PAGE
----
Did you need the Nikola Tesla explanation, or the conventional physics approach? (The non-math versions, in each case?)

Conventional physics first.

A metal plate reflects EM waves, including radio and light. A polished metal plate is a good mirror. Even for all of the longer-than-optical wavelengths, it still behaves as a “polished mirror” for microwave and radio waves. But note that the mirror doesn’t guide any waves. Ideally, the waves come in, and are 100% reflected back out again. Angle of incidence equals angle of reflection. During reflection, patterns of electric currents appear in the mirror. The patterns are exactly those which produce a “transmitting antenna” to cancel out the incoming wave, and to generate the reflected wave, and send it off at the same angle as the angle of incidence. That’s basic mirror physics 101.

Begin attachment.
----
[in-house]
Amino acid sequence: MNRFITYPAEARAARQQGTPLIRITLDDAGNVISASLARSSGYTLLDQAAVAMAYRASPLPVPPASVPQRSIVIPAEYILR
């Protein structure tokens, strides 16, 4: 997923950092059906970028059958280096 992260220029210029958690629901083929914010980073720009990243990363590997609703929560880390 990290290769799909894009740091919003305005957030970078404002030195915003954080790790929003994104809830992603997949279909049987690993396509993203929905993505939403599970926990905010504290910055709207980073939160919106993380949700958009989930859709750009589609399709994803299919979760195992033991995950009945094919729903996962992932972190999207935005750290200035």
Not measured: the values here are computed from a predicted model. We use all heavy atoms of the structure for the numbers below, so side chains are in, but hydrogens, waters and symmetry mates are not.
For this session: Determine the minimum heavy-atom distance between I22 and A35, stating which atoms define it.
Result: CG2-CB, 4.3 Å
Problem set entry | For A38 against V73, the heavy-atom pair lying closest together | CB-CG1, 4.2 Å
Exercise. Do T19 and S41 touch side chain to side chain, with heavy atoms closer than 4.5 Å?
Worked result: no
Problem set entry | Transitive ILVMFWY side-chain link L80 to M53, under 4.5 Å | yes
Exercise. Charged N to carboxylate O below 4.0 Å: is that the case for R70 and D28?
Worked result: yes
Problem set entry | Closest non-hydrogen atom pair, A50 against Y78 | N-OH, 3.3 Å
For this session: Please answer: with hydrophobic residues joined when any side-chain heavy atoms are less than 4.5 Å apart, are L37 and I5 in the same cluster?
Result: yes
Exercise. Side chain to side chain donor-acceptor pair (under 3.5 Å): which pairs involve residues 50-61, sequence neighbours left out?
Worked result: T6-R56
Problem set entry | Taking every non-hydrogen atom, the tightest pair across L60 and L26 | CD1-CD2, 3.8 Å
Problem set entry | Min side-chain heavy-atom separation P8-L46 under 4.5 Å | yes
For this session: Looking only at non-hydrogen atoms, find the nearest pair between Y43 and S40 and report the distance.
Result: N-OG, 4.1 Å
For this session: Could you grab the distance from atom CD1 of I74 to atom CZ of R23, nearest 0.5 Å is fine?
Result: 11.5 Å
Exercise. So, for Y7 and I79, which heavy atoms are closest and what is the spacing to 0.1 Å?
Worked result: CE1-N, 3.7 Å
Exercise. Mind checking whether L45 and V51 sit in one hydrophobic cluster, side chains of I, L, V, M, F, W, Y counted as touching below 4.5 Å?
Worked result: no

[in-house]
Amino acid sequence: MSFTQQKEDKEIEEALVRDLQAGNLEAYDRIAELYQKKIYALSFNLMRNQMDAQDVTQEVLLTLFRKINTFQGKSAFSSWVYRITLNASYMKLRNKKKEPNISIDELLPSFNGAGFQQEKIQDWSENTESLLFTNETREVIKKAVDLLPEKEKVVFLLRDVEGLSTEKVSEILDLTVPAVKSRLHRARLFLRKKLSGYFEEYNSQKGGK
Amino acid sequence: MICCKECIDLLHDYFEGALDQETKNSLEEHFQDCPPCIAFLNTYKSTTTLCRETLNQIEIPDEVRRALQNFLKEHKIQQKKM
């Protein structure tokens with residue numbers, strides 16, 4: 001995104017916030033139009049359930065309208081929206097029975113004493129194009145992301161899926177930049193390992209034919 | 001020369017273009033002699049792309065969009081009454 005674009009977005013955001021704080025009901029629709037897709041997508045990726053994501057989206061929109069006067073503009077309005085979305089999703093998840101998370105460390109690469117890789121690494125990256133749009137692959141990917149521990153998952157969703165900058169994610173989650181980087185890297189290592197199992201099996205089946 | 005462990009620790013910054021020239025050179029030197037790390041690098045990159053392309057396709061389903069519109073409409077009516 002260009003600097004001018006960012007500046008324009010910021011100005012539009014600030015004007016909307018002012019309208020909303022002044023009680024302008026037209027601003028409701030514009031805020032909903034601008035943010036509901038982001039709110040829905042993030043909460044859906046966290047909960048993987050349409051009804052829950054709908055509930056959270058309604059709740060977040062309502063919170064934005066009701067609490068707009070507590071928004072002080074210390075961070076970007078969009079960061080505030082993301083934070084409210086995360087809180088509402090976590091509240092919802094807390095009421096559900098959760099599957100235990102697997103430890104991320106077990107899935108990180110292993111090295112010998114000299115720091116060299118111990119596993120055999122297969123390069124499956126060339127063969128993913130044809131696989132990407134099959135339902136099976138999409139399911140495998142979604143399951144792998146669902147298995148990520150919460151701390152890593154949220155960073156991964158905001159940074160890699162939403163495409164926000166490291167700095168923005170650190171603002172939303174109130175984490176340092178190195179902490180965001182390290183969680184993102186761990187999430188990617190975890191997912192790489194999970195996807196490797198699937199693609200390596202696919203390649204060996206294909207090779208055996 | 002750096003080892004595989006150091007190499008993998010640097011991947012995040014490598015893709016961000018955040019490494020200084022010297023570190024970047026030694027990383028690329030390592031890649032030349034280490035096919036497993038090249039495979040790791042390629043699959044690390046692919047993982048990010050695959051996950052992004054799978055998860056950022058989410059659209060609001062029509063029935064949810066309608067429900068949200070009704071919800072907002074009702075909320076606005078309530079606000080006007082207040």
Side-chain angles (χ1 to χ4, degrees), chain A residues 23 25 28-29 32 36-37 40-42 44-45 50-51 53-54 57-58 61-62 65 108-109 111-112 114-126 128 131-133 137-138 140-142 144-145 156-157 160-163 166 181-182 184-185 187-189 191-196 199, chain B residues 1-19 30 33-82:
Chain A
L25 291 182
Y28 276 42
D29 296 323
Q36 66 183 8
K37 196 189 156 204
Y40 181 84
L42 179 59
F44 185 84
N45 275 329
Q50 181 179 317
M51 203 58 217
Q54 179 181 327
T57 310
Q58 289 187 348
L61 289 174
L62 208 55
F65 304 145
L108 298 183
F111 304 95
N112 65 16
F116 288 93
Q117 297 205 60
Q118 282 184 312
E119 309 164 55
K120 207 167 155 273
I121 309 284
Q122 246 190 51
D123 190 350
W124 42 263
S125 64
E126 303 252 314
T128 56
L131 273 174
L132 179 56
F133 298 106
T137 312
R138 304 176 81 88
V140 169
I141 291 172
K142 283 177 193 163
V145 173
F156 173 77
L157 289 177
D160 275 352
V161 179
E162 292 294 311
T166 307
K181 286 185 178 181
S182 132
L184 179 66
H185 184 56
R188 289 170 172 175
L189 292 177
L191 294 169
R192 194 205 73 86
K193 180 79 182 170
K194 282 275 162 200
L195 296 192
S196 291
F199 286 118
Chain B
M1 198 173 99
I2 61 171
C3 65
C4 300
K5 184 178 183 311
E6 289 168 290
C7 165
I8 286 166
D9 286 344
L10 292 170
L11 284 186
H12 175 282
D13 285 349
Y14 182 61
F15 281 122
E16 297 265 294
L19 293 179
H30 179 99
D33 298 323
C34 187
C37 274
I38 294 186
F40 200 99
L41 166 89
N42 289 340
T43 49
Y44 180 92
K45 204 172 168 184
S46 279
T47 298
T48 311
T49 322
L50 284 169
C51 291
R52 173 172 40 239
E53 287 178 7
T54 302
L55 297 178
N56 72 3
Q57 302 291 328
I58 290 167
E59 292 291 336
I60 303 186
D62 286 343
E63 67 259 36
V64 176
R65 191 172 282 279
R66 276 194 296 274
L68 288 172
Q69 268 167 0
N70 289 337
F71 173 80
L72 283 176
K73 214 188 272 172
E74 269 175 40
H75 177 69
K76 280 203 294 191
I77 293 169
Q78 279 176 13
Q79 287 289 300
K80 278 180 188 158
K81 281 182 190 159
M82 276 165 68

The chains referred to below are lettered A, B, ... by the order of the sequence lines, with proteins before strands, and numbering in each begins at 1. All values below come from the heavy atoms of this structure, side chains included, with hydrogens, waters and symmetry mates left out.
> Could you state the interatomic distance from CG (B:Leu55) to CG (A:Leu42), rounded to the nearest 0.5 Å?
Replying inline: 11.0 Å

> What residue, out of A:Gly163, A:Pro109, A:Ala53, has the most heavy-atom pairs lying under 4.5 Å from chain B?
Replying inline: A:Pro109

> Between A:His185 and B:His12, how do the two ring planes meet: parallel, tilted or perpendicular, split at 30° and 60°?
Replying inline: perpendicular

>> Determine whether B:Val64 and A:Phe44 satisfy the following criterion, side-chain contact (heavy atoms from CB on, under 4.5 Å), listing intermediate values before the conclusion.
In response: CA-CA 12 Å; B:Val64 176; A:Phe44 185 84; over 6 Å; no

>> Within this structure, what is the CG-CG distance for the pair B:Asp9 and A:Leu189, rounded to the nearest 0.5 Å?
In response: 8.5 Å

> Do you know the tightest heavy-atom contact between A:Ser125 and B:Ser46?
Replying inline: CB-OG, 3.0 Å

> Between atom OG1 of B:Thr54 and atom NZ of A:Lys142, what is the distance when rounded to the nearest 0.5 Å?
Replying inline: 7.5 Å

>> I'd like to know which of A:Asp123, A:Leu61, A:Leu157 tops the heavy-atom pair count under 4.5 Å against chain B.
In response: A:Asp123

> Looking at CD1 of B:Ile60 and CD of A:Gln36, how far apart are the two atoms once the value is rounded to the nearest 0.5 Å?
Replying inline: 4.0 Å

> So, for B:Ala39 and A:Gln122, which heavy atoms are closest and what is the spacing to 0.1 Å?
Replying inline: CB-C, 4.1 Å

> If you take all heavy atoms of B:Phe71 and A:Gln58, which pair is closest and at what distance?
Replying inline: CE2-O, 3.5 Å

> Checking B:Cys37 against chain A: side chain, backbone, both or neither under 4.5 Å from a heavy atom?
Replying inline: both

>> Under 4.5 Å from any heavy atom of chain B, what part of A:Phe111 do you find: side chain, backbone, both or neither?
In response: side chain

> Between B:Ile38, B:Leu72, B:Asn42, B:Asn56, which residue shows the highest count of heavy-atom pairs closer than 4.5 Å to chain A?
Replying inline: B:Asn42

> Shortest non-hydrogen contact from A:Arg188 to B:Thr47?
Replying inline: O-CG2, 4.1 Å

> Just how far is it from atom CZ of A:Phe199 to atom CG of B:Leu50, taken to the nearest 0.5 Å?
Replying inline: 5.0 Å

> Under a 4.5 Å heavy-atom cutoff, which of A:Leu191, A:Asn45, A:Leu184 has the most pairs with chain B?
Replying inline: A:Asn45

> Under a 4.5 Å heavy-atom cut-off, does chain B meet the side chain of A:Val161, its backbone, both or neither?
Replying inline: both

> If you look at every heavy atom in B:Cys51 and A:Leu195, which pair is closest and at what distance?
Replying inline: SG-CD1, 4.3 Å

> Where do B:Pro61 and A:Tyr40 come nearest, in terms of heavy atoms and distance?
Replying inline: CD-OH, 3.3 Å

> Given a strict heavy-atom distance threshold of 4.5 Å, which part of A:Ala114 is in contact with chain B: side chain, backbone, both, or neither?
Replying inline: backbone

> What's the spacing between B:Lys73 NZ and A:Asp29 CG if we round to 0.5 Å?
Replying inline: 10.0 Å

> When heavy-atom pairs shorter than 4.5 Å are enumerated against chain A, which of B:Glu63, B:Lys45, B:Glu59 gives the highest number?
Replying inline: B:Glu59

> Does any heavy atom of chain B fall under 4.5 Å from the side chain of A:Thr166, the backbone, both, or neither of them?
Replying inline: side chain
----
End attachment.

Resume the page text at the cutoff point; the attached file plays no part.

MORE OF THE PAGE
But is it possible to somehow attach the waves to the mirror? What if we send our beam at an extremely shallow, glancing angle? Will angle of incidence no longer equal the zero angle of reflection? Or, what if we use a slightly curved mirror, such as a wide hemisphere, then guide some waves tangentially across the edge? Will it stop being a reflecting mirror, and instead “grab” the waves and guide them along its surface?

The answer turns out to be “yes,” but it’s a feeble effect, and it requires that the mirror surface be resistive (and so, not a 100% reflector.)

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